The Jeep kept moving, and the officer fired at point-blank range into the Jeep, Buchele recalled. He said that Cook made a left and that Officer Daniel Harmon-Wright darted into the street, taking five more shots at the back of the vehicle as it drove away.
Adam Forster, another witness, saw the Wrangler plow into a telephone pole. Cook, 54, of Culpeper, was declared dead soon after on that February morning.
“Why did she do it? Why did she do it?” Forster recalled Harmon-Wright telling other officers who arrived.
Buchele’s and Forster’s accounts were key to a special grand jury in Culpeper County issuing a rare indictment against a police officer this week: committing murder while in the line of duty.
But an attorney for Harmon-Wright, 32, of Gainesville, offered a dramatically different version of events, saying eyewitnesses saw only the tail end of the encounter. He said his client, a former Marine and Iraq war veteran, fired because he feared for his life. By Daniel L. Hawes’s account, Cook was the aggressor and might have been seeking to take her own life.
When Harmon-Wright fired, Hawes said, his fingers were trapped in the window of the moving Jeep and Cook had refused his order to stop.
A community shaken
The killing has shaken and outraged the 16,000 residents of Culpeper, a town that has not had another fatal police shooting since its department was created in 1956. It has also left an enduring mystery: How could an encounter between a homemaker with no criminal record and a police officer responding to a routine call end in death?
“I miss the conversations, making plans to go here or there, no longer having a future to look forward to,” Gary Cook, Patricia Cook’s husband, wrote in an e-mail to The Washington Post. “It’s very lonely at home. The apartment is dark, quiet. There’s no cheer in my life.”
The encounter between Harmon-Wright, who is apparently a graduate of Vienna’s James Madison High School, and Cook began early Feb. 9. Harmon-Wright was dispatched to investigate a report of a suspicious person in the parking lot of Epiphany Catholic School about 10 a.m.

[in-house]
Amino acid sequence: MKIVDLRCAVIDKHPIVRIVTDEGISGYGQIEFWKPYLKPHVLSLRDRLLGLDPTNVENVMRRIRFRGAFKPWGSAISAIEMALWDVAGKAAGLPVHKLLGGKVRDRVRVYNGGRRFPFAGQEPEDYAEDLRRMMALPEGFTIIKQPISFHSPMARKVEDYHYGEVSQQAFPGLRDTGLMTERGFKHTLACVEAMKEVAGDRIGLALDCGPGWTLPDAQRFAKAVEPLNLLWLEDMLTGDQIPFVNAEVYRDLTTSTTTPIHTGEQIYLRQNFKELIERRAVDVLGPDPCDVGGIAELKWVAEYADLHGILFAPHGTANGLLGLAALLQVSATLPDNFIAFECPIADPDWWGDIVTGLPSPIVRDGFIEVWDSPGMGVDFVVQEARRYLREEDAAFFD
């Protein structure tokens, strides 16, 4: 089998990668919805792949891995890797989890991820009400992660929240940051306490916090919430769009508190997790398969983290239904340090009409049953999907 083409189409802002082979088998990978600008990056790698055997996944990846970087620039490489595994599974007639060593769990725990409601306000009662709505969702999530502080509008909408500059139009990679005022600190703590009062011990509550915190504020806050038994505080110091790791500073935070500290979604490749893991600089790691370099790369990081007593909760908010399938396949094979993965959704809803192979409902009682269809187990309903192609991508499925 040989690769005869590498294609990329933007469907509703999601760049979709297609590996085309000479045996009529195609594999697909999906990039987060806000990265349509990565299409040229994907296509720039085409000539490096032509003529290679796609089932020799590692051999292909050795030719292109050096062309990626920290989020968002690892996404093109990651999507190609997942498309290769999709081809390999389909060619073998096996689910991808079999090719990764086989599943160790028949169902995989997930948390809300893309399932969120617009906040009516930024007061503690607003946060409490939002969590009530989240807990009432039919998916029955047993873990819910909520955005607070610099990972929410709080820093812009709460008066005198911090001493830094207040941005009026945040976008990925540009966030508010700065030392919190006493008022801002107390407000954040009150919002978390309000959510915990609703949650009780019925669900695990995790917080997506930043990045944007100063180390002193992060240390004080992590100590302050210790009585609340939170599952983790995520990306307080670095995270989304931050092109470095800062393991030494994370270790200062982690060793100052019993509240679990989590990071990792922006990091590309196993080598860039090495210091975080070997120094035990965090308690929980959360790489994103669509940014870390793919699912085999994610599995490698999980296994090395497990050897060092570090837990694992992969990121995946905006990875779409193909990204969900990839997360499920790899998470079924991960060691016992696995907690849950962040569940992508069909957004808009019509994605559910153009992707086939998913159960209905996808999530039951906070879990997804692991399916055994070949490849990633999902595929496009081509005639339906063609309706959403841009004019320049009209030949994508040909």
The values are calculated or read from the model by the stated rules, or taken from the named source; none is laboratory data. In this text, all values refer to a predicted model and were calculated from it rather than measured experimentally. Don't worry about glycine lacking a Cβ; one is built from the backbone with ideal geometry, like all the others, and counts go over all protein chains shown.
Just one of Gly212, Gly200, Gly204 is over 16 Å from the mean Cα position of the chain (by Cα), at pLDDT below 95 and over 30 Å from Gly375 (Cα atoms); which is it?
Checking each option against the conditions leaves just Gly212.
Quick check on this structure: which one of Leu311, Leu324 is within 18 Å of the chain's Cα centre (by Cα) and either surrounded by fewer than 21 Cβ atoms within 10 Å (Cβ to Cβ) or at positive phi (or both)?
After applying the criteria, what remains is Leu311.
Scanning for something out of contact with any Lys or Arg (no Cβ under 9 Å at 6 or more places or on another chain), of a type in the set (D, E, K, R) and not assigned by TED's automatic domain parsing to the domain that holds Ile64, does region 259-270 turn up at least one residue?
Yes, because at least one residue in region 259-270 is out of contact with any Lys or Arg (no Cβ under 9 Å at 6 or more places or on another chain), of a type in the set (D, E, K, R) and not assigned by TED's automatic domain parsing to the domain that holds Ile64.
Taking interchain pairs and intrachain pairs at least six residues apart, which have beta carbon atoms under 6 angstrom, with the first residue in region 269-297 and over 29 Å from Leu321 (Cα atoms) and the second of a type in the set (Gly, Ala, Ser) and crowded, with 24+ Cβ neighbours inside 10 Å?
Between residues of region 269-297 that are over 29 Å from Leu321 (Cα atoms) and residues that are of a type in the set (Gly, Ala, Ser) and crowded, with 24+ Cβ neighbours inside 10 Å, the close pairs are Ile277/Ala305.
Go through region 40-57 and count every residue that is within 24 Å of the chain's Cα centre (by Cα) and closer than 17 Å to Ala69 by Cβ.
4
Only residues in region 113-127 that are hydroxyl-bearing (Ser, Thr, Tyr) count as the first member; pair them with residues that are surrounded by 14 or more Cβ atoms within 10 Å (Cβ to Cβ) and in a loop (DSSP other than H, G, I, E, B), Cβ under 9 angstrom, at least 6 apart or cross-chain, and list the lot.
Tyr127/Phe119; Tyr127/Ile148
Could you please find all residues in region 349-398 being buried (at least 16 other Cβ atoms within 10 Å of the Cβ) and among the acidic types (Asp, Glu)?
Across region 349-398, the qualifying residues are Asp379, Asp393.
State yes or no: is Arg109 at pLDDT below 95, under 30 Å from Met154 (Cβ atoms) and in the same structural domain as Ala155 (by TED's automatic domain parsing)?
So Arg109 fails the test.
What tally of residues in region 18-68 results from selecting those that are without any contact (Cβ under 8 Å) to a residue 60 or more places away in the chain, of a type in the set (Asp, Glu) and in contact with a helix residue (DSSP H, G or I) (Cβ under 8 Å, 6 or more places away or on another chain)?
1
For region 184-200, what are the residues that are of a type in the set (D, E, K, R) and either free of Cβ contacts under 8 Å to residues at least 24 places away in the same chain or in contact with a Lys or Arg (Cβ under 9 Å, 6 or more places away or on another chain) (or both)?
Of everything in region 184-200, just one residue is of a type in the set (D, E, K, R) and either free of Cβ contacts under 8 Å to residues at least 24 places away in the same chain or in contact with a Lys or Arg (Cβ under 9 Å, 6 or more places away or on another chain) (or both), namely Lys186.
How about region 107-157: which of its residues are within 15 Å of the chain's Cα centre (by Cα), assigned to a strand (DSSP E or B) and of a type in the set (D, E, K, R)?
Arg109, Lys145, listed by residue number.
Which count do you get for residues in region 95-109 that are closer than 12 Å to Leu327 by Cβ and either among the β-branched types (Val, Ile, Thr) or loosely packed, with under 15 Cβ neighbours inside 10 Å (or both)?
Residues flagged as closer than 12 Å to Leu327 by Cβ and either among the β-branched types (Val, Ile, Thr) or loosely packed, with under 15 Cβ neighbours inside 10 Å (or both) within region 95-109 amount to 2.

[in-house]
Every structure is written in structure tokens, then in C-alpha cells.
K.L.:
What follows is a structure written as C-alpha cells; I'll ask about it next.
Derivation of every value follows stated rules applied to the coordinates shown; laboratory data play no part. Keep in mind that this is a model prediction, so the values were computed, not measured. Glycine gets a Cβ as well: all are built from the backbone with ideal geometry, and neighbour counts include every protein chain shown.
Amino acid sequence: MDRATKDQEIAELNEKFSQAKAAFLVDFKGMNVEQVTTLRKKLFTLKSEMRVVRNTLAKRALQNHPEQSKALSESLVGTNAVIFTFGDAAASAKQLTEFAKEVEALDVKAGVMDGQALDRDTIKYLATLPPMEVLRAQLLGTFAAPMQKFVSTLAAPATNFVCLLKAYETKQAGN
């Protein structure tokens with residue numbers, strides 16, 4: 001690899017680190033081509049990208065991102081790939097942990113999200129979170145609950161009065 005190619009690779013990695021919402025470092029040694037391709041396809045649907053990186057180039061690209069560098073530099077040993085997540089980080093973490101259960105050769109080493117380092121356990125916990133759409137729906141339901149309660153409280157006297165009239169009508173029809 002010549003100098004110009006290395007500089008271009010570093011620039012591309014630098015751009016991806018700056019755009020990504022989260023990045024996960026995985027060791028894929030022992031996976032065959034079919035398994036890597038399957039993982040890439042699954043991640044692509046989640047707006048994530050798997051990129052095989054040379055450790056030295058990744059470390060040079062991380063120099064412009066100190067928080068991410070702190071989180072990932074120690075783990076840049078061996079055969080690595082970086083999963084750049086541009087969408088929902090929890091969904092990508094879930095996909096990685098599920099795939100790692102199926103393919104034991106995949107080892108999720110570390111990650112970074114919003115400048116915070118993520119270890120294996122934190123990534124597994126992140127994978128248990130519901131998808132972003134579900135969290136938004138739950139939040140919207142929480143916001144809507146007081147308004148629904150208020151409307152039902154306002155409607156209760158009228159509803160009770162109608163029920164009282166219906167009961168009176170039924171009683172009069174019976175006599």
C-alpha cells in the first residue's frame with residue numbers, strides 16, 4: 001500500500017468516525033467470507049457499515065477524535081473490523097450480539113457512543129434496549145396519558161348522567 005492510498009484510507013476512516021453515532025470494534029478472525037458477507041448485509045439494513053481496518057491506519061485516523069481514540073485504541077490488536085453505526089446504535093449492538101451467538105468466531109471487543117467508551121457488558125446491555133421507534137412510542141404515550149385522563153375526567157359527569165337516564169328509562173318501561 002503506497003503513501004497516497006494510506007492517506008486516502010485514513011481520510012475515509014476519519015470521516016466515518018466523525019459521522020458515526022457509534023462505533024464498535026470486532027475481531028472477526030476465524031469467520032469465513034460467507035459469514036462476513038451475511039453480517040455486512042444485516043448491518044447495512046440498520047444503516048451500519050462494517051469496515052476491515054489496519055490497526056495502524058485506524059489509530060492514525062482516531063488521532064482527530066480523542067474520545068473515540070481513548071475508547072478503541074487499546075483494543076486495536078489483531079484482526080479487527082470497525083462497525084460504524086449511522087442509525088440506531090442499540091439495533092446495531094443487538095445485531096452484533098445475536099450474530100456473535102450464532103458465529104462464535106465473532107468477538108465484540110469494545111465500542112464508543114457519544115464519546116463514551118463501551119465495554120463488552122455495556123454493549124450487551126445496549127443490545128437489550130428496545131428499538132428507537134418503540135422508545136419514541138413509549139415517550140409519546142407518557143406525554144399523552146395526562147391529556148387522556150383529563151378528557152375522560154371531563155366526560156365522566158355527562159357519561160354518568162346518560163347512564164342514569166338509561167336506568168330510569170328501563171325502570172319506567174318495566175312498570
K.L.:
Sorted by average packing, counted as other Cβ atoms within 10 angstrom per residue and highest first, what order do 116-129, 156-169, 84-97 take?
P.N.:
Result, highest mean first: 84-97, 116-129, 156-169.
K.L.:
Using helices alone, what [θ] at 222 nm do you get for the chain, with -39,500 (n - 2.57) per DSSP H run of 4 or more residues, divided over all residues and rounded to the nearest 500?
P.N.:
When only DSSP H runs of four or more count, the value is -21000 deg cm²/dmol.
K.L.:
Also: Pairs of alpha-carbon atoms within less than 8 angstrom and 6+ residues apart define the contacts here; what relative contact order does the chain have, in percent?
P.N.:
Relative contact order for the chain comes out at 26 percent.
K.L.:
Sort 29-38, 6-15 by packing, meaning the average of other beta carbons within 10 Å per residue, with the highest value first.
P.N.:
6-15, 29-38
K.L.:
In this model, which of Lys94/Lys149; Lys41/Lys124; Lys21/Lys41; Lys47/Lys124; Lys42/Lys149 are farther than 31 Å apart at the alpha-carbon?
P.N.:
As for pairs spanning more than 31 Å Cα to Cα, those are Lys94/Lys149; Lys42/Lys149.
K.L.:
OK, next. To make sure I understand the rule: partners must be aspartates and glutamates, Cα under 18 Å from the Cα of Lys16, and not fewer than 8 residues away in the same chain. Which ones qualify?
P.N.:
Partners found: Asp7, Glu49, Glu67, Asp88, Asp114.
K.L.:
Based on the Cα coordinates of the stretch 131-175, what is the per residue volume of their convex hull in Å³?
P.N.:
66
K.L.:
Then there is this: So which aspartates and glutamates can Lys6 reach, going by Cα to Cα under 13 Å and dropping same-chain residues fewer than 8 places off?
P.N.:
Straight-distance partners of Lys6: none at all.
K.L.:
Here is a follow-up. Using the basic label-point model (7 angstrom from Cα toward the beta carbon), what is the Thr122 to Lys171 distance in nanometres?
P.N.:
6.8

“One of the school staff noticed a woman circling the building,” said Michael J. Donohue, spokesman for Diocese of Arlington. “That seemed odd to staff. One of the staff asked her to leave and she refused, so they called police.”
In the account provided by Harmon-Wright’s attorney, the five-year police veteran approached Cook’s vehicle and asked for identification. As Harmon-Wright reached inside the car to grab it, Cook began rolling up the window, trapping the officer’s fingers, Hawes said. Cook put the car in gear, Hawes said, and Harmon-Wright jumped up on the running board as the Jeep began moving.
For about 50 yards, Hawes said, Cook began alternately slamming on the brakes and hitting the accelerator.
Harmon-Wright ordered her to stop and then shot her with the gun in his free hand when she failed to do so, Hawes said. Hawes added that the additional shots were “more than necessary” but said his client was defending himself.
“All of this happened in the space of three seconds. He was pretty well panicked,” Hawes said.
But the attorney contends that it went beyond that. He said Cook was depressed and looking to take her own life via a confrontation with police.